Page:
- ISRAEL: Not A Good Sign
- SUPPORT: MOUT For The 21st Century
- ATTRITION: Internet Geeks Have More Choices
- ON POINT: Spy Novels and Whodunnit: North Korea's Criminal Reality Is Intolerable
- PHOTO: Over The Philippine Sea
- BOOK REVIEW: The Campaigns of Sargon II, King of Assyria, 721-705 B.C. (Campaigns and Commanders Series)
- IRAN: Pride, Prejudice and Persecution
- AIR DEFENSE: No Quick Fix For SHORAD
- SPECIAL OPERATIONS: Benghazi Aftermath
- PHOTO: Birds Of A Feather Flock Together
- KOREA: Purging The Dynasty
- INFANTRY: Tech Takes its Toll
- INFORMATION WARFARE: HVIs Wanted Dead Or Alive
- CIC: The Duel of the Two Men, the Two Horses, and the Two Dogs
- PHOTO: Old And New Friends
- BOOK REVIEW: Franklin D. Roosevelt. Vol. II, The War Years, 1939-1945
- BOOK REVIEW: Franklin D. Roosevel, Vol I, Road to the New Deal, 1882-1939
th Russia reported that on January 22nd one of its satellites was hit and damaged by debris from a Chinese satellite that China had destroyed in a 2007 anti-satellite weapon test. This is only the second time that an active (still operational) satellite was hit by orbital debris. The last time was in 2009, when an American satellite was hit by a dead Russian satellite. Since that incident owners of active satellites have paid more attention to where all the space junk (debris) is up there and it is more common for active satellites to move out of the way of oncoming concentrations of debris. This uses up precious fuel, which is normally used to maintain a low flying satellite in the proper orbit. When the fuel is gone, so is the ability to move and the usefulness of the satellite.
On March 7
The 2009 loss was an American Iridium satellite, which supplies satellite phone service and was at an altitude of about 770 kilometers over central Russia. The Iridium satellite was hit by a dead Russian communications satellite (the one ton Cosmos 2251, equipped with a nuclear power supply, launched in 1993). The Russian bird could not be moved, nor could the Iridium (which, while active, was not equipped with thrusters for movement). The Iridium bird was one of sixty, so satellite phone services was not interrupted because of the spare capacity in the system. The collision turned the two satellites into 600 bits of debris.
The last time anything like this happened was in 1991, when a dead satellite ran into debris from another and created more debris. There have been two deliberate collisions since then. In 2007, China launched a "killsat" that maneuvered into the path of a dead Chinese weather satellite and destroyed it. In 2008, the U.S. Navy used one of its Aegis equipped warships to destroy a malfunctioning U.S. spy satellite with an anti-missile missile. Russia and China have since called for such U.S. activity to be outlawed.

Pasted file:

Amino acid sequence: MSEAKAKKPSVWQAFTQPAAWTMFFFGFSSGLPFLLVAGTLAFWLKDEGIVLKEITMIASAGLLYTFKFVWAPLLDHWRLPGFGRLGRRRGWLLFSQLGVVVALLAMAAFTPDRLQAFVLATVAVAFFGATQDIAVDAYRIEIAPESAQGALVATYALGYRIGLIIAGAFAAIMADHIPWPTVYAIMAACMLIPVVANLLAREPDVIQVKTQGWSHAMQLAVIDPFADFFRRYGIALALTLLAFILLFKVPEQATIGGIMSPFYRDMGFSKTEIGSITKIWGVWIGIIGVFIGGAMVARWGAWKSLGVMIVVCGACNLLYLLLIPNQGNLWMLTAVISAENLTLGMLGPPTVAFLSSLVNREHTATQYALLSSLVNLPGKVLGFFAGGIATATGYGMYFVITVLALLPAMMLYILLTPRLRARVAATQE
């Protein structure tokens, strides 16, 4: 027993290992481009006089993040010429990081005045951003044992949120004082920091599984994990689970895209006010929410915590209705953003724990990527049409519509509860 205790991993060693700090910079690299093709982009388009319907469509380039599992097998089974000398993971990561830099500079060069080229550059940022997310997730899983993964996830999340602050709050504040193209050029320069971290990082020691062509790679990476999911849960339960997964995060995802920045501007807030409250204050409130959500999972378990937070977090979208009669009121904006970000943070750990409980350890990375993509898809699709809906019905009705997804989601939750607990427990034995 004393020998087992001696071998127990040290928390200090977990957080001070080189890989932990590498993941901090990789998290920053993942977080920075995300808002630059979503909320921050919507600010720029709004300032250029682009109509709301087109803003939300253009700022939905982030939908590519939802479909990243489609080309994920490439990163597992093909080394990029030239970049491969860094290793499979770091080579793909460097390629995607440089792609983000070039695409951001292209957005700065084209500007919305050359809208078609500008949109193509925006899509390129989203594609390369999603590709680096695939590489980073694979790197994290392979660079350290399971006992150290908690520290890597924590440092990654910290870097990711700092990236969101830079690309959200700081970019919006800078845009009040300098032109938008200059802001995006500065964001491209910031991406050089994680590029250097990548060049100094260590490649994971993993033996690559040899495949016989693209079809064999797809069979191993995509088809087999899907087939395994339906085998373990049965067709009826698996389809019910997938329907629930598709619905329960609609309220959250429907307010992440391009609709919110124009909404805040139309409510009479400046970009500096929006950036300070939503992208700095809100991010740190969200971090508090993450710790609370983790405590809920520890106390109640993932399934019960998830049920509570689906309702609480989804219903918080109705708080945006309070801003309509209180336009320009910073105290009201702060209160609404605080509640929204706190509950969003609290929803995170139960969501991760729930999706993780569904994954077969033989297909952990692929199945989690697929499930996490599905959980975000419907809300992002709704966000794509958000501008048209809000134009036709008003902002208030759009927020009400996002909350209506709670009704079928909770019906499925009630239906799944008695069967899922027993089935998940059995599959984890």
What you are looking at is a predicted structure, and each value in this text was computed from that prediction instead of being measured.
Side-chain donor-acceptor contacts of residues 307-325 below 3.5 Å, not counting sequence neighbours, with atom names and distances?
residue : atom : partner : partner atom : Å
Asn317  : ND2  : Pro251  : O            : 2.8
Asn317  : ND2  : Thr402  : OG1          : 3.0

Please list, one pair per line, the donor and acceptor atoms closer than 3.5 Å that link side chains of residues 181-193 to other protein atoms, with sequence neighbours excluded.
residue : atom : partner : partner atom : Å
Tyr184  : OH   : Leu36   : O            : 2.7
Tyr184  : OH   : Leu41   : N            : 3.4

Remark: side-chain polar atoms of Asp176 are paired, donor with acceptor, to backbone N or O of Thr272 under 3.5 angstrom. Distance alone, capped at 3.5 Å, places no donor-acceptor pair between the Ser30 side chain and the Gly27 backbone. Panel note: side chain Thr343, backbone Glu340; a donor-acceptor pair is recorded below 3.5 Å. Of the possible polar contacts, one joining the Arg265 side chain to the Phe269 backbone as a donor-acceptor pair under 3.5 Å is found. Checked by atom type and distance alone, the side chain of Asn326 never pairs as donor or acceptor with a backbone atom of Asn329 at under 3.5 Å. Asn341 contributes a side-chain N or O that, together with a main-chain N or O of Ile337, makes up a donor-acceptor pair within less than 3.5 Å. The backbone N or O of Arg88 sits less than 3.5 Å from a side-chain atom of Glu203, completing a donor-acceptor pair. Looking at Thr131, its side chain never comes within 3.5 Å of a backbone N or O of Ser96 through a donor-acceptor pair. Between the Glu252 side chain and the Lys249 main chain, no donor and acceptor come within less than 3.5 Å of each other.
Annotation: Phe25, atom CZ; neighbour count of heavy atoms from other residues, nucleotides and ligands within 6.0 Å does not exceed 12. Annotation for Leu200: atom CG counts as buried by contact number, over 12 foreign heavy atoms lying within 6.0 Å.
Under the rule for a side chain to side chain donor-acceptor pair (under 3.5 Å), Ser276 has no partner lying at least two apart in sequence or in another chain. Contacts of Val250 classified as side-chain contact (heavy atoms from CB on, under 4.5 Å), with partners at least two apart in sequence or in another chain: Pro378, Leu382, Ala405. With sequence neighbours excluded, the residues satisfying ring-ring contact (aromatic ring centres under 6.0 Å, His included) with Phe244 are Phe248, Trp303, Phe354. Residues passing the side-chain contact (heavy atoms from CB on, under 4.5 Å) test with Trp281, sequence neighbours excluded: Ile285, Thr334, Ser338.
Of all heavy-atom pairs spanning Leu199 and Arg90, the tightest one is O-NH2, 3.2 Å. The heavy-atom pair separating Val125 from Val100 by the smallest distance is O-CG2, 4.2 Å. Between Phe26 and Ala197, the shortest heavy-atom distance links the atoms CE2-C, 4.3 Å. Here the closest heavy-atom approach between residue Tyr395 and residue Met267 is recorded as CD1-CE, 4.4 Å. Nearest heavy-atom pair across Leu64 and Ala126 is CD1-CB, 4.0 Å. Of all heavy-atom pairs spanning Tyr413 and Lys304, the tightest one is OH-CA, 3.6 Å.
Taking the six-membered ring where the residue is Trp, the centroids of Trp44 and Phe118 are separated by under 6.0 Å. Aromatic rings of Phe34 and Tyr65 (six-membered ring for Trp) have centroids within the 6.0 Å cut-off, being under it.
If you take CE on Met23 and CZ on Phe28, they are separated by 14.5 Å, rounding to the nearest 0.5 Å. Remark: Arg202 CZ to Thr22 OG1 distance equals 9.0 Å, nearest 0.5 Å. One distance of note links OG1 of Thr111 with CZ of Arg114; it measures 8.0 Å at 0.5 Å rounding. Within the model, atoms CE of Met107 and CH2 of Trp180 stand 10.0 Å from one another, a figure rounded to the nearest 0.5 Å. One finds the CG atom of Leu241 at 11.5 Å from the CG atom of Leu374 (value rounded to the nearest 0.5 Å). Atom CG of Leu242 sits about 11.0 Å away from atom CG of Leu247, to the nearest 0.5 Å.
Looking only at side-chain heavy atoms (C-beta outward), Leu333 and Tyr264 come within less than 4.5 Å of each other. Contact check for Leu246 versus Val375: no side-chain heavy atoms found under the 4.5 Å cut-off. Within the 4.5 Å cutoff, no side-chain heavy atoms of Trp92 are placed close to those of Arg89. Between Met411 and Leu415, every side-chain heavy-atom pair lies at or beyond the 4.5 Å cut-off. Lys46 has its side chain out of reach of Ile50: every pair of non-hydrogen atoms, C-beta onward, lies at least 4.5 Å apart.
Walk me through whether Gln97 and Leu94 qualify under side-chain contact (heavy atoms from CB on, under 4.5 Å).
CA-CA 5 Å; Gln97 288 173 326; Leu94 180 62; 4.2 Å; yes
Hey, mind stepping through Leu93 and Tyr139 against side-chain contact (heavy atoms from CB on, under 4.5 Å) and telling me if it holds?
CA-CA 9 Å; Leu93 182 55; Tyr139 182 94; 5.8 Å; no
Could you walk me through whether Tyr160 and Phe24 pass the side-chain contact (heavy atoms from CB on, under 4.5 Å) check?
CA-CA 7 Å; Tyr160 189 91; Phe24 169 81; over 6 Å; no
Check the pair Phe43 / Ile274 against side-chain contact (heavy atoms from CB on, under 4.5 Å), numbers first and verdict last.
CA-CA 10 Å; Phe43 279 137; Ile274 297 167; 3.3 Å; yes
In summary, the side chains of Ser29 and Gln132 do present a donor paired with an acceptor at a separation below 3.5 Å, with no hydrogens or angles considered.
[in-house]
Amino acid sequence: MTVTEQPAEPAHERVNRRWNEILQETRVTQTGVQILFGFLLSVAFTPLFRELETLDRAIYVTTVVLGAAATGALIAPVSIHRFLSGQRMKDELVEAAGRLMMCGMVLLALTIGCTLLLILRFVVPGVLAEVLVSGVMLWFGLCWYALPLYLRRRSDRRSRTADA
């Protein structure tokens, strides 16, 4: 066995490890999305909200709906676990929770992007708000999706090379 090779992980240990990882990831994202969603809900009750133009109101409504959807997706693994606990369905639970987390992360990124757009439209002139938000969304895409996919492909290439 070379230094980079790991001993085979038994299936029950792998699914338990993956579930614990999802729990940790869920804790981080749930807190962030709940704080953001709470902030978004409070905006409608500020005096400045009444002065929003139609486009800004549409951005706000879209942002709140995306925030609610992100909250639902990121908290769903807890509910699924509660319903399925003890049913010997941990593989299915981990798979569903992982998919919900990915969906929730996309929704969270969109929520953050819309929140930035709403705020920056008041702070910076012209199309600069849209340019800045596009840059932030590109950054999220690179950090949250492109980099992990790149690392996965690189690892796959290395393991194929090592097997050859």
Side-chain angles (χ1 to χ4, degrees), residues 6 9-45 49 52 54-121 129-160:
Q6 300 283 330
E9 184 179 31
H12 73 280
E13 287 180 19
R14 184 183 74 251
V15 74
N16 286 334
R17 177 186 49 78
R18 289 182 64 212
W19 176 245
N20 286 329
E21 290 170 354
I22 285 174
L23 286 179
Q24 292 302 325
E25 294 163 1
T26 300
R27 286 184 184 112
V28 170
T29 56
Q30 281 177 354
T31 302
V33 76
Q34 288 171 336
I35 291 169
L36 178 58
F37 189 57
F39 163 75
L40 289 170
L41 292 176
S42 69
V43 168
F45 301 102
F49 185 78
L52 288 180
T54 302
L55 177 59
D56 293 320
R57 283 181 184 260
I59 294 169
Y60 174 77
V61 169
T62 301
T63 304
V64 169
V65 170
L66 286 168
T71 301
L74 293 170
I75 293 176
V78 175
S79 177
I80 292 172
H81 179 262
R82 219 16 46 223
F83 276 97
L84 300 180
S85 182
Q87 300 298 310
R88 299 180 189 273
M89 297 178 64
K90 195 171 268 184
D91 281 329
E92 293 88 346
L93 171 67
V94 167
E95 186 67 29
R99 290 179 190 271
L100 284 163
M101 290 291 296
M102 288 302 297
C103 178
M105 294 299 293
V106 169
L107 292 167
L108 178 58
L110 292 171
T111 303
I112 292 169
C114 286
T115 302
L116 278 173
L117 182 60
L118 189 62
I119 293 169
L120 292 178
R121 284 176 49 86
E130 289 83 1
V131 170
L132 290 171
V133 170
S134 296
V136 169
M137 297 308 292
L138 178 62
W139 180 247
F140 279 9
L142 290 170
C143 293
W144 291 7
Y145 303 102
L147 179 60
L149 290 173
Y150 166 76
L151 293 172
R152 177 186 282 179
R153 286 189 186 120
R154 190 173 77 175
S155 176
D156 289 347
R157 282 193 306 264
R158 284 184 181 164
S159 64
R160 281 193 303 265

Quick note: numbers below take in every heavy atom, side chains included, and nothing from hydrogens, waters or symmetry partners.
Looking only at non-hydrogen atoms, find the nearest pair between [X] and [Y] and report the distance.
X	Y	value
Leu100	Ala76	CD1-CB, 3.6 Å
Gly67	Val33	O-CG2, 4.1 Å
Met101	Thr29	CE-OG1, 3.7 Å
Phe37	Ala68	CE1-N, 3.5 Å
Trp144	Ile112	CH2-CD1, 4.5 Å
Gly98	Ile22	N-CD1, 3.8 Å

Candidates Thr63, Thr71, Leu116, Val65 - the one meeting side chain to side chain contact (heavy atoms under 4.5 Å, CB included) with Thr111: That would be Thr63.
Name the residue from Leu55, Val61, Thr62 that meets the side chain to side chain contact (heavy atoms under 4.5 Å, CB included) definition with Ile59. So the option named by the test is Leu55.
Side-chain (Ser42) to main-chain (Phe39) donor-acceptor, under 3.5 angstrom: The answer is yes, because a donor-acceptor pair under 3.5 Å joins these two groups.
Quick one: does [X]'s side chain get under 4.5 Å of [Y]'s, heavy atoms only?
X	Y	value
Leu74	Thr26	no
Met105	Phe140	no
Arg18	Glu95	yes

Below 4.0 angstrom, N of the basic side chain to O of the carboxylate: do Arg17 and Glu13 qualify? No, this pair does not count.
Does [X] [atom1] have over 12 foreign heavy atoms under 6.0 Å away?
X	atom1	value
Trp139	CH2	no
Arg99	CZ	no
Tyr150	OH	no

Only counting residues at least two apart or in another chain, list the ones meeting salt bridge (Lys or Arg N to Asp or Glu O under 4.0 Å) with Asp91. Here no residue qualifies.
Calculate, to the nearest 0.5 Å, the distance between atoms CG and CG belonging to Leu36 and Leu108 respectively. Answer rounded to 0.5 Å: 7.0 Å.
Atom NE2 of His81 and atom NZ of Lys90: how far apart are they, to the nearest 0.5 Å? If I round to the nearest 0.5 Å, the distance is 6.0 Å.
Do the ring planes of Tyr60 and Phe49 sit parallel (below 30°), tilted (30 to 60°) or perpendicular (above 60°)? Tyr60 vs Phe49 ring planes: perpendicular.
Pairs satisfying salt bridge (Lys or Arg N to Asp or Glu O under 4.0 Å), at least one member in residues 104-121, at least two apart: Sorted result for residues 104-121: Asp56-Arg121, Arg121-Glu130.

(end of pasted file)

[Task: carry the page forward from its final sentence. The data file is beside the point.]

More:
After sixty years of humans putting objects into orbit, there is a lot of junk up there. Currently, over 300,000 dangerous objects 10 mm (.4 inch) in size have been identified. The smallest of these is capable of disabling a satellite, or damaging a spacecraft, mainly because these objects collide at very high speed (9-10 times faster than a bullet) when the two objects are coming from different directions.
There are nearly 22,000 objects 10 centimeters (4 inches) or larger in LEO (low earth orbit) and 500,000 smaller objects that are still large enough to cause damage. All of these can do some catastrophic damage to satellites or spacecraft. There are millions of objects smaller than 10mm, and these are responsible for many satellites failing early because of cumulative damage from getting hit by several of these micro objects. There are over 250 commercial satellites up there, plus nearly as many military ones.
There are a lot of people keeping an eye on this clutter. The U.S. Air Force Space Surveillance Network, which tracks objects 10mm and larger, stopped sharing all of its information nine years ago, for national security reasons. The Russian Space Surveillance System is known to use radar to track over 5,000 objects in low orbit. But the Russians have never shared this data completely or regularly. Filling in the gaps are two international organizations, IADC (Inter-Agency Space Debris Coordination Committee) and ISON (International Space Observation Network). IADC is a government operation, whose members include the U.S. NASA and the equivalents in Russia, China, and several other major nations. Like most government organizations, not all data is shared.
ISON is a non-government organization, and they come up with some of the most interesting stuff. ISON comprises 18 scientific institutions, 18 observatories, 25 telescopes, and over a hundred professionals. ISON does not, as far as anyone knows, withhold data because of any national security concerns. This is fairly certain because ISON work is monitored, and complemented, by the efforts of thousands of amateur astronomers and orbital addicts who connect via the Internet and constantly scour the orbital space for new objects and dangerous movements by existing ones.
ISON has already spotted nearly 200 larger (over 10mm) objects that have never been reported by any of the government organizations. The Internet based amateurs are often the first to spot a lot of this new activity, mainly because they have more eyeballs, and, in some cases, impressive optical equipment searching the skies.
When someone spots an object headed for a maneuverable satellite, the owner is alerted and the bird is moved. This has happened several times in the last few years. The number of dangerous objects up there increases 10-20 percent a year. That's even with many of them falling into the atmosphere and burning up each year. Apparently, no one was able to predict the collision between Cosmos 2251 and the Iridium bird, nor the recent collision, largely because the high speed of these objects, and slight instability of their orbits, can turn an expected near miss into a direct hit.